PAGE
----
Wikipedia as the Front Matter to all Research
A session at the recent Wikimania conference provided an opportunity for discussion on the topics: “The fount of all knowledge – wikipedia as the front matter to all research“. The abstract describes how:
This discussion focuses on how Wikipedia could become the entry or discovery point to all significant research for the general public, and for scholars who are working just outside of the topic of interest. For most people, even researchers from closely related areas, summaries and explanations of a piece of research can be a crucial means both to discover and to begin to get into a new piece of research.
Currently overviews of research topics are supported through two mechanisms: reviews and “front matter” content. A review is a systematic summary of a field, written by an expert. These go out of date quickly, particularly in rapidly moving areas of research. Front matter is “News and Views” pieces, often found at the “front” of scientific journals that explain newly published research and put it in context. This often includes a discussion of explaining how the research is an important advance and its broader societal implications.
Both of these functions could easily be provided in a more up to date and scalable manner by tapping into a global community of experts. Wikipedia articles are often the top web search result for initial queries in many research areas and these articles are a major source of traffic for scientific journals. As the first port of call for many users of research and a significant discovery route the potential for Wikipedia as a form of dynamic, expertly curated “front matter” for the whole research literature is substantial. This facilitated discussion session will focus on how this role could be enhanced, what is currently missing and what risks exist in taking this route.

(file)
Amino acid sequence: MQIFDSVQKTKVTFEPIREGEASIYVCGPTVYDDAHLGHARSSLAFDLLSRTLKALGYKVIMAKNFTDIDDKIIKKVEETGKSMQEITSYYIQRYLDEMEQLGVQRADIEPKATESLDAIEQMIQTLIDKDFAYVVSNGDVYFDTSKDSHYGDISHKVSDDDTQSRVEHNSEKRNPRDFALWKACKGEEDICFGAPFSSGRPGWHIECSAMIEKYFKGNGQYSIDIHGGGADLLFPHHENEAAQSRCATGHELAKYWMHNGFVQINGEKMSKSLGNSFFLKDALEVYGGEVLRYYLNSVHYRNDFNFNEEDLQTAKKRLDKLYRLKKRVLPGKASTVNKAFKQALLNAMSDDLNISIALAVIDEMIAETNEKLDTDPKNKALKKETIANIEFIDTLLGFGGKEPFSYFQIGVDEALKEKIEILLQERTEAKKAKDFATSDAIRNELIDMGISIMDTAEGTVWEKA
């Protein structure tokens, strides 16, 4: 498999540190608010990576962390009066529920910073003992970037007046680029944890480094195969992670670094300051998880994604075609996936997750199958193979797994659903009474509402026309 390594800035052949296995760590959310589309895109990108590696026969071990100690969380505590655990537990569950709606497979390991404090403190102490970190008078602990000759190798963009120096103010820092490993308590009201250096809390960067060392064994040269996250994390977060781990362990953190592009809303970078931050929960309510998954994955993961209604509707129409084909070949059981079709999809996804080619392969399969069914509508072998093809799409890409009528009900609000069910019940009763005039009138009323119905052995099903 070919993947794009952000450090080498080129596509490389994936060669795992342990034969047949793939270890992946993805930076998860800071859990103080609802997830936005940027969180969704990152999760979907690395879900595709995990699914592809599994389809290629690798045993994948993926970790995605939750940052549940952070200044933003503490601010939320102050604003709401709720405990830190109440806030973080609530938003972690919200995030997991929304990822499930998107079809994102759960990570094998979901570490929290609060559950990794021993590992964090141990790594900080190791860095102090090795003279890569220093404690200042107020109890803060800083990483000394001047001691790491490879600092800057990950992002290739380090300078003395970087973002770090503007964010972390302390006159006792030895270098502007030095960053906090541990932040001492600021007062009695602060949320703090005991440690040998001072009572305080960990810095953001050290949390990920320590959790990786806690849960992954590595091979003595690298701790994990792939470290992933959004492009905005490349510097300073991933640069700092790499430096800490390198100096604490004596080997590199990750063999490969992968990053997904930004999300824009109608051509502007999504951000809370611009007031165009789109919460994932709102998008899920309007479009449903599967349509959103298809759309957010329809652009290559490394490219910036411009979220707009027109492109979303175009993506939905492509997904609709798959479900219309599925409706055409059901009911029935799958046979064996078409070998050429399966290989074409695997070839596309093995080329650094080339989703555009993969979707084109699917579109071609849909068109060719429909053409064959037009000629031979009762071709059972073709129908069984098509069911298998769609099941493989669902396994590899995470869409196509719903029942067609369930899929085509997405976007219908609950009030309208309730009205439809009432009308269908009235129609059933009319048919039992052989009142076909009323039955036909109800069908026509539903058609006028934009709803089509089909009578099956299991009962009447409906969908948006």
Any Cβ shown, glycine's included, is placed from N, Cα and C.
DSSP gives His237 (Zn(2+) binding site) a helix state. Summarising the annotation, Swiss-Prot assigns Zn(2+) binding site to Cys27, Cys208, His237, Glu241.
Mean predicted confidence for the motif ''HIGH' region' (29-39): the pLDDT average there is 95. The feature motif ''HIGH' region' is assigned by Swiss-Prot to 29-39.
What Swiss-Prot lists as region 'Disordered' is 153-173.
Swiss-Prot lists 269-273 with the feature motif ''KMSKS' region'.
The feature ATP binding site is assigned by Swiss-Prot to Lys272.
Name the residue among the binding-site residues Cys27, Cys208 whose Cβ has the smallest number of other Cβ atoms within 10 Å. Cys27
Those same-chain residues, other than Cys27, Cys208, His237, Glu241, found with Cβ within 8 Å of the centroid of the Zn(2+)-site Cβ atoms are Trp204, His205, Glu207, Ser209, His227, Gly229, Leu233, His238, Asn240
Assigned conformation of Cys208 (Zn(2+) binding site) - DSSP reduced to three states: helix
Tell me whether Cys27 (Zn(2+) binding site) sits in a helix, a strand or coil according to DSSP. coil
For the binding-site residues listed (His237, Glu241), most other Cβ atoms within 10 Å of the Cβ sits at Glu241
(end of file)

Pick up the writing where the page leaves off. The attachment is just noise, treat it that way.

Reading this I wondered about the extent to which Wikipedia articles currently link to papers hosted in institutional repositories.
In order to explore this question I made use of Wikipedia’s External links search tool to monitor the number of links
to from Wikipedia pages from to institutional repositories provided by the Russell Group universities.
The survey was carried out on 28 August 2014 using the service. Note that the current finding can be obtained by following the link in the final column.
|Institutional Repository Details||Nos. of links
Institution: University of Birmingham
Repository used: eprint Repository (http://eprints.bham.ac.uk/)
Institution: University of Bristol
Repository used: ROSE (http://rose.bris.ac.uk/)
Institution: University of Cambridge
Repository used: Dspace @ Cambridge (http://www.dspace.cam.ac.uk/)
Institution: Cardiff University
Repository used: ORCA (http://orca.cardiff.ac.uk/)
Institution: University of Durham
Repository used: DRO (http://dro.dur.ac.uk/)
Institution: University of Edinburgh
Repository used: ERA (http://www.era.lib.ed.ac.uk/)
Institution: University of Exeter
Repository used: ERIC (https://eric.exeter.ac.uk/repository/)
Institution: University of Glasgow
Repository used: Enlighten (http://eprints.gla.ac.uk/)
Institution: Imperial College
Repository used: Spiral (http://spiral.imperial.ac.uk/)
Institution: King’s College London
Repository used: King’s Research Portal (https://kclpure.kcl.ac.uk/portal/)
Institution: University of Leeds
Repository used: White Rose Research Online (http://eprints.whiterose.ac.uk/)
Institution: University of Liverpool
Repository used: University of Liverpool Research Archive (http://research-archive.liv.ac.uk/)
Repository used: LSE Research Online (http://eprints.lse.ac.uk/)
Institution: University of Manchester
Repository used: eScholar (https://www.escholar.manchester.ac.uk/)
Institution: Newcastle University
Repository used: Newcastle Eprints (http://eprint.ncl.ac.uk/)
Institution: University of Nottingham
Repository used: Nottingham Eprints (http://eprints.nottingham.ac.uk/)
Institution: University of Oxford
Repository used: ORA (http://ora.ouls.ox.ac.uk/)
Institution: Queen Mary, University of London
Repository used: QMRO (https://qmro.qmul.ac.uk/)
Institution: Queen’s University Belfast
Repository used: QUB Research Portal (http://pure.qub.ac.uk/portal/)
Institution: University of Sheffield
Repository used: The University of Sheffield also uses the White Rose repository which is also used by Leeds and York. See the Leeds entry for the statistics.